February 22, 2007, 7:30 PM
What is Guilt?
Participants: Donald Carveth, Marcia Cavell (moderator), Michael Eigen, Jay Greenberg, Michael Lewis
In psychoanalysis, the concept of unconscious guilt is frequently used to explain certain kinds of self punitive behavior, even though Freud himself questioned the validity of such a conceptualization and appeared to prefer the problematic concept of an unconscious need for punishment. In neuroscience, the relationship of guilt--which Jaak Panksepp describes as belonging to the group of secondary cognitive type emotions, along with jealousy, hate, contempt, embarrassment and shame--to the basic emotions, with their relatively well established brain centers, remains ill defined. The study of this relationship is therefore difficult, if not impossible, even in this period of major advances in brain studies brought about through neuroimaging. This roundtable will take a multidisciplinary approach in examining
the topic of guilt to illuminate the difficulties of the concept.
Donald Carveth is Professor of Sociology and Social & Political Thought at York University in Toronto and Training and Supervising Analyst at the Canadian Institute of Psychoanalysis. He is past Editor-in-Chief of the Canadian Journal of Psychoanalysis and recently published several papers distinguishing guilt from self-punishment.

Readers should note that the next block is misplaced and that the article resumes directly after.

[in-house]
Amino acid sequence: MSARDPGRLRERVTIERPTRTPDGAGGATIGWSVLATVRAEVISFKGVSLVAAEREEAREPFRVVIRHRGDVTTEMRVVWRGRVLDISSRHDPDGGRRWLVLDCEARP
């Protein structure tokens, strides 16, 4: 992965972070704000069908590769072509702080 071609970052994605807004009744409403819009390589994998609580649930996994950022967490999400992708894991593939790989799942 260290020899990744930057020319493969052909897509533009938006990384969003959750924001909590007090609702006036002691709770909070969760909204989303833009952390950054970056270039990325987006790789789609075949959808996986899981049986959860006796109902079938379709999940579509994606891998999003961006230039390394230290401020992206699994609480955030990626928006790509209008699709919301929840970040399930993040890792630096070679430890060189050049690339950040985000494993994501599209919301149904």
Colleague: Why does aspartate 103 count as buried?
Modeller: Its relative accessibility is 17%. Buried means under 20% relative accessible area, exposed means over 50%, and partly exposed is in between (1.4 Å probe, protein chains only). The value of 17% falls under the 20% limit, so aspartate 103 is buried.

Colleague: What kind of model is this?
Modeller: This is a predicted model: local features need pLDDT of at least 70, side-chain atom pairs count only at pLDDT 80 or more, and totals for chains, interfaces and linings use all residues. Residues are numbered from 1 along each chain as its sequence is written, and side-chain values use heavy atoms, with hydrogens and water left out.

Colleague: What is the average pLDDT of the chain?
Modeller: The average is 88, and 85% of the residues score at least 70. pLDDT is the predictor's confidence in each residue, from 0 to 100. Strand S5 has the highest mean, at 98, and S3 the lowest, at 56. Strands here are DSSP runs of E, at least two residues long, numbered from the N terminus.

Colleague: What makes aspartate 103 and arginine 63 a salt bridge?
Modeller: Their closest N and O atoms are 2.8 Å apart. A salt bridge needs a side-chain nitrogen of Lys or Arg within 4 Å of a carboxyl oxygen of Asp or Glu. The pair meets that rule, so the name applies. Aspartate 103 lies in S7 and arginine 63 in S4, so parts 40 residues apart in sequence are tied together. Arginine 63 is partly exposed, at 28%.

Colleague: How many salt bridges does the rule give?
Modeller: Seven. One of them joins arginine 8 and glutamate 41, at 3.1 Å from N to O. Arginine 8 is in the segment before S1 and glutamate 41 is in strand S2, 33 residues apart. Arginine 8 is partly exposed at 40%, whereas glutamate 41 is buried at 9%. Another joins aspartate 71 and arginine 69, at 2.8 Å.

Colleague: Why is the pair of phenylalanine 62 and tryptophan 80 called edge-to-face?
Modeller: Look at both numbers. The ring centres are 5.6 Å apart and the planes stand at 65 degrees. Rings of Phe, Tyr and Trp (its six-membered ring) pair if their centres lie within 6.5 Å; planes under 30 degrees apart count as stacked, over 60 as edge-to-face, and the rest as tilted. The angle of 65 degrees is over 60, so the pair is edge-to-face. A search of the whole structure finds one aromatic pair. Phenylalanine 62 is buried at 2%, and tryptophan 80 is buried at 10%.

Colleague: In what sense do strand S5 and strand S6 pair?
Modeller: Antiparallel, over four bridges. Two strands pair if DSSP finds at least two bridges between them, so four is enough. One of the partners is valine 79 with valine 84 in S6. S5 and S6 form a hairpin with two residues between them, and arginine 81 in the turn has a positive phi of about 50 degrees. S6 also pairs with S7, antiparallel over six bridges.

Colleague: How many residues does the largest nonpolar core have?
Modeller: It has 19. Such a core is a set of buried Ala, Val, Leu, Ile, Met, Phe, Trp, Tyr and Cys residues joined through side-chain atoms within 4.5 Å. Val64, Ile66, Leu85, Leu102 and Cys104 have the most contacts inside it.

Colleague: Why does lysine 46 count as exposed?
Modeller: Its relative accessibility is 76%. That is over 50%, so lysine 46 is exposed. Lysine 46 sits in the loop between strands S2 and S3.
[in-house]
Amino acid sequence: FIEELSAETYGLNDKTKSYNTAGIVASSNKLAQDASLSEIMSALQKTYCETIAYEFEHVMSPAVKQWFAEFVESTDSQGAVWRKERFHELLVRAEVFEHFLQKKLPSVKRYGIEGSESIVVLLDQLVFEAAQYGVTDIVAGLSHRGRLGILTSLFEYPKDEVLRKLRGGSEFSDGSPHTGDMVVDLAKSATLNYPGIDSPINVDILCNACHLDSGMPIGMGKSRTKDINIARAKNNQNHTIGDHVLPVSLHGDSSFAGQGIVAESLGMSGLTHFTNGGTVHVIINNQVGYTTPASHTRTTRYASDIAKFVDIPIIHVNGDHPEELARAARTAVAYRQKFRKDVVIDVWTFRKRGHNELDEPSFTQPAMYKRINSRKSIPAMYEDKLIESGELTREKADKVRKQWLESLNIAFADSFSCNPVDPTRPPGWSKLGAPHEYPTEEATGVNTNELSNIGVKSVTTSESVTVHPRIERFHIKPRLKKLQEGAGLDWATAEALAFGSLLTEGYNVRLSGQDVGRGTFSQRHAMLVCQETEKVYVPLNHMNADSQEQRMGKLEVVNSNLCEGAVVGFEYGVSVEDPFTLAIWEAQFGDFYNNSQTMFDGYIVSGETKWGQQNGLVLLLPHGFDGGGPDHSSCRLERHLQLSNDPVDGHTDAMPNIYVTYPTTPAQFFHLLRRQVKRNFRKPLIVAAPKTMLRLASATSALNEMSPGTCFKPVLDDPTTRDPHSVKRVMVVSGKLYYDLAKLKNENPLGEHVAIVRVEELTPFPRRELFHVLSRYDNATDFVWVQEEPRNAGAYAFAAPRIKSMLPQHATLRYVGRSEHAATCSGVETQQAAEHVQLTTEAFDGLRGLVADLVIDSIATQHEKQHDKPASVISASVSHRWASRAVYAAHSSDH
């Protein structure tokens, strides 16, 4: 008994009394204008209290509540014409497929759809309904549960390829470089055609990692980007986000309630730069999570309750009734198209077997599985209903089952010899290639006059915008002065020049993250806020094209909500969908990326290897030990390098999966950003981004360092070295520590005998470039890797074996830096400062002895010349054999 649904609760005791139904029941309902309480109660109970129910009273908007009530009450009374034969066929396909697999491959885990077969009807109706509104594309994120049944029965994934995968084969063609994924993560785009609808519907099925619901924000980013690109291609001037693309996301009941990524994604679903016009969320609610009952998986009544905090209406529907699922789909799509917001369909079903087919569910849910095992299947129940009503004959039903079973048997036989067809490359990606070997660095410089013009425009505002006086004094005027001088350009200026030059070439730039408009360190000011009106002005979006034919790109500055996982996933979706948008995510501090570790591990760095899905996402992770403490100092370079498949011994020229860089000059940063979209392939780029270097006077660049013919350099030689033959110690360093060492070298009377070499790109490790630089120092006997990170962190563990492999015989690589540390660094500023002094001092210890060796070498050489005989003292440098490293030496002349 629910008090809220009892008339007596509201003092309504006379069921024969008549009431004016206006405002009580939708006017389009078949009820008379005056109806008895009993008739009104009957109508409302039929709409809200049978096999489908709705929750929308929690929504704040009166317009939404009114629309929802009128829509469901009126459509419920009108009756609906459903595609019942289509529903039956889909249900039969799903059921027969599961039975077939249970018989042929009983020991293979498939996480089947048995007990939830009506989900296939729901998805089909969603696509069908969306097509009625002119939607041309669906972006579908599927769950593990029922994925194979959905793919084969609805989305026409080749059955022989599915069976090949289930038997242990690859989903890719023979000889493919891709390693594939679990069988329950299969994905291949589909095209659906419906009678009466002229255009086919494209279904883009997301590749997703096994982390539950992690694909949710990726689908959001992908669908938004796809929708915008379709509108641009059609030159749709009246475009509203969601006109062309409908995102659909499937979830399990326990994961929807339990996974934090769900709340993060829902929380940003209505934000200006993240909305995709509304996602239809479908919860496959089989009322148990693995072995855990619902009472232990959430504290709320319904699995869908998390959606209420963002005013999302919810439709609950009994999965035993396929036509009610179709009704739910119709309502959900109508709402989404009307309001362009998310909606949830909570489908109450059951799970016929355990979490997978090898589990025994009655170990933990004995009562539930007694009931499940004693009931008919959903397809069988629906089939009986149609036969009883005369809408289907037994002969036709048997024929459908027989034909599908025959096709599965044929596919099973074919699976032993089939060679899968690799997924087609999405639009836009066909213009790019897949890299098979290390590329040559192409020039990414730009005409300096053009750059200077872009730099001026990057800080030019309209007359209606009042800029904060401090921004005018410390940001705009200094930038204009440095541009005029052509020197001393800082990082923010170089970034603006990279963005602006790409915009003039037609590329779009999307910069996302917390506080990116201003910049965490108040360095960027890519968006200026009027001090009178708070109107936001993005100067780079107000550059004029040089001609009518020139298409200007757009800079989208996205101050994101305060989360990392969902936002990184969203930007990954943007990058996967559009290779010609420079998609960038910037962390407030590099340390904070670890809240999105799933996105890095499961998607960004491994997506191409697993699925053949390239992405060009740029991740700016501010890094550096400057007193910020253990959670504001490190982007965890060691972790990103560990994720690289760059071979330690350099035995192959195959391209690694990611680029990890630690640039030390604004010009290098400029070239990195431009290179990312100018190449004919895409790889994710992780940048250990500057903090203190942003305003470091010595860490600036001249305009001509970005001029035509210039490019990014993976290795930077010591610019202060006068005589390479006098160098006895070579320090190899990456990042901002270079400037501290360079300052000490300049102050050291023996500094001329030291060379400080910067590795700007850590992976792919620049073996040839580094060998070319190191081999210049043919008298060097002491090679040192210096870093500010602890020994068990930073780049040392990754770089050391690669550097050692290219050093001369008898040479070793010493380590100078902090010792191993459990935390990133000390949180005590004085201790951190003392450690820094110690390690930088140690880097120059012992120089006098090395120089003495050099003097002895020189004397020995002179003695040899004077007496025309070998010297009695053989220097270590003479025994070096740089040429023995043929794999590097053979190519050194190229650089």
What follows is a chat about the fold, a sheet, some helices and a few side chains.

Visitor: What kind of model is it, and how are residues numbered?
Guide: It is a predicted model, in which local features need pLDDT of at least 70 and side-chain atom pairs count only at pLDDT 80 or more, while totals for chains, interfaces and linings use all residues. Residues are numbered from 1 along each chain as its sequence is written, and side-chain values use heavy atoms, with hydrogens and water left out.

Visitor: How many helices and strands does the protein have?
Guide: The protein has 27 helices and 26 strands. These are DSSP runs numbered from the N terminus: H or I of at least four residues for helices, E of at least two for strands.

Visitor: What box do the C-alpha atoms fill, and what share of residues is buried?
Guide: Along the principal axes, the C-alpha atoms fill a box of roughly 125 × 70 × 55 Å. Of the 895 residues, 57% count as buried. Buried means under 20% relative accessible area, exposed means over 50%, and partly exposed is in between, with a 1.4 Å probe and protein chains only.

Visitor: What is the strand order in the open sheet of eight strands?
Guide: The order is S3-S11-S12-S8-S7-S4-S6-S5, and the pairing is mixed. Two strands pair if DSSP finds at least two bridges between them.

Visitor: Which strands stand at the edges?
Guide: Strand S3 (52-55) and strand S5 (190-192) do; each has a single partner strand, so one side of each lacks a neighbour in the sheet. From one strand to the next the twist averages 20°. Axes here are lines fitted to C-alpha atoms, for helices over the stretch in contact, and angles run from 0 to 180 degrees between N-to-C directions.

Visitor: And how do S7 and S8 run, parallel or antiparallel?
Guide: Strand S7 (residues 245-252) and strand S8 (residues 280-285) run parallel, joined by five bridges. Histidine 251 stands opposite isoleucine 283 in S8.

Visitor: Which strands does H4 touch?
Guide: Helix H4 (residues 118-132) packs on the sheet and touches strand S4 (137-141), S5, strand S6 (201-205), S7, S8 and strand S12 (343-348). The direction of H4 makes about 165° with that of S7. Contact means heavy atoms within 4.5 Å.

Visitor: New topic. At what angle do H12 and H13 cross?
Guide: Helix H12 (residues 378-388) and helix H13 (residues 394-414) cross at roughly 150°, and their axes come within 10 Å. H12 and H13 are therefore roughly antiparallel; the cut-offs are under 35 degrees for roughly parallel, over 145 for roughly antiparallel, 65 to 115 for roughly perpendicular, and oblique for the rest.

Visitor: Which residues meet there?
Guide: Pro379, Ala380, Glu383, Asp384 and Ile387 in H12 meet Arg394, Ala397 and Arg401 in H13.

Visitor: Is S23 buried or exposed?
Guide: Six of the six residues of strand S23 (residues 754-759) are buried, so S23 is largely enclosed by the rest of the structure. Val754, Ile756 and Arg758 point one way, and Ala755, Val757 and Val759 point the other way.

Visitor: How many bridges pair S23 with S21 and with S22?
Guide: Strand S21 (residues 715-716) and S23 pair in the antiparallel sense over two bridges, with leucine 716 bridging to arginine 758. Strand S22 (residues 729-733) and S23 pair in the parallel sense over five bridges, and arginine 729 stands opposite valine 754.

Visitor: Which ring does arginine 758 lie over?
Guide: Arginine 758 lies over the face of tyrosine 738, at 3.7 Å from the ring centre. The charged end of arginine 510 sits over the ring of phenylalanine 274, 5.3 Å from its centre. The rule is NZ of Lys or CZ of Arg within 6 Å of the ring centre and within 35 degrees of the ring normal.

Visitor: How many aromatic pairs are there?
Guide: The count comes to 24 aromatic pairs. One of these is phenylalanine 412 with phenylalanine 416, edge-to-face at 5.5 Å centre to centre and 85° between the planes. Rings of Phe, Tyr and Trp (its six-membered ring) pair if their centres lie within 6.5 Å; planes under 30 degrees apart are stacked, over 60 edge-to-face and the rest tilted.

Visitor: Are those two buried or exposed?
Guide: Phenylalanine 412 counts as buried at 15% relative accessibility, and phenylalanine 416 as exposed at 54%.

Marcia Cavell is a philosopher and psychoanalyst. She is author of The Psychoanalytic Mind: From Freud to Philosophy.
Michael Eigen, PhD., is the author of fifteen books, including Ecstasy, Rage, Lust, Toxic Nourishment and Feeling Matters, which is due out this fall. He is Editor of The Psychoanalytic Review and practices psychotherapy in New York City.
Jay R. Greenberg is Training and Supervising Analyst at the William Alanson White Institute and past Editor of Contemporary Psychoanalysis. He is the author of Oedipus and Beyond: A Clinical Theory and co-author, with Stephen Mitchell, of Object Relations in Psychoanalytic Theory.
Michael Lewis, Ph.D., is University Distinguished Professor of Pediatrics and Psychiatry and Director of the Institute for the Study of Child Development at the Robert Wood Johnson Medical School of the University of Medicine and Dentistry of New Jersey. He is also Professor of Psychology, Education and Biomedical Engineering at Rutgers University and serves on the Executive Committee of the Cognitive Science Center. His books on self consciousness and emotion include Social Cognition and the Acquisition of Self, Shame: The Exposed Self and the Handbook of Emotions, of which he is editor.
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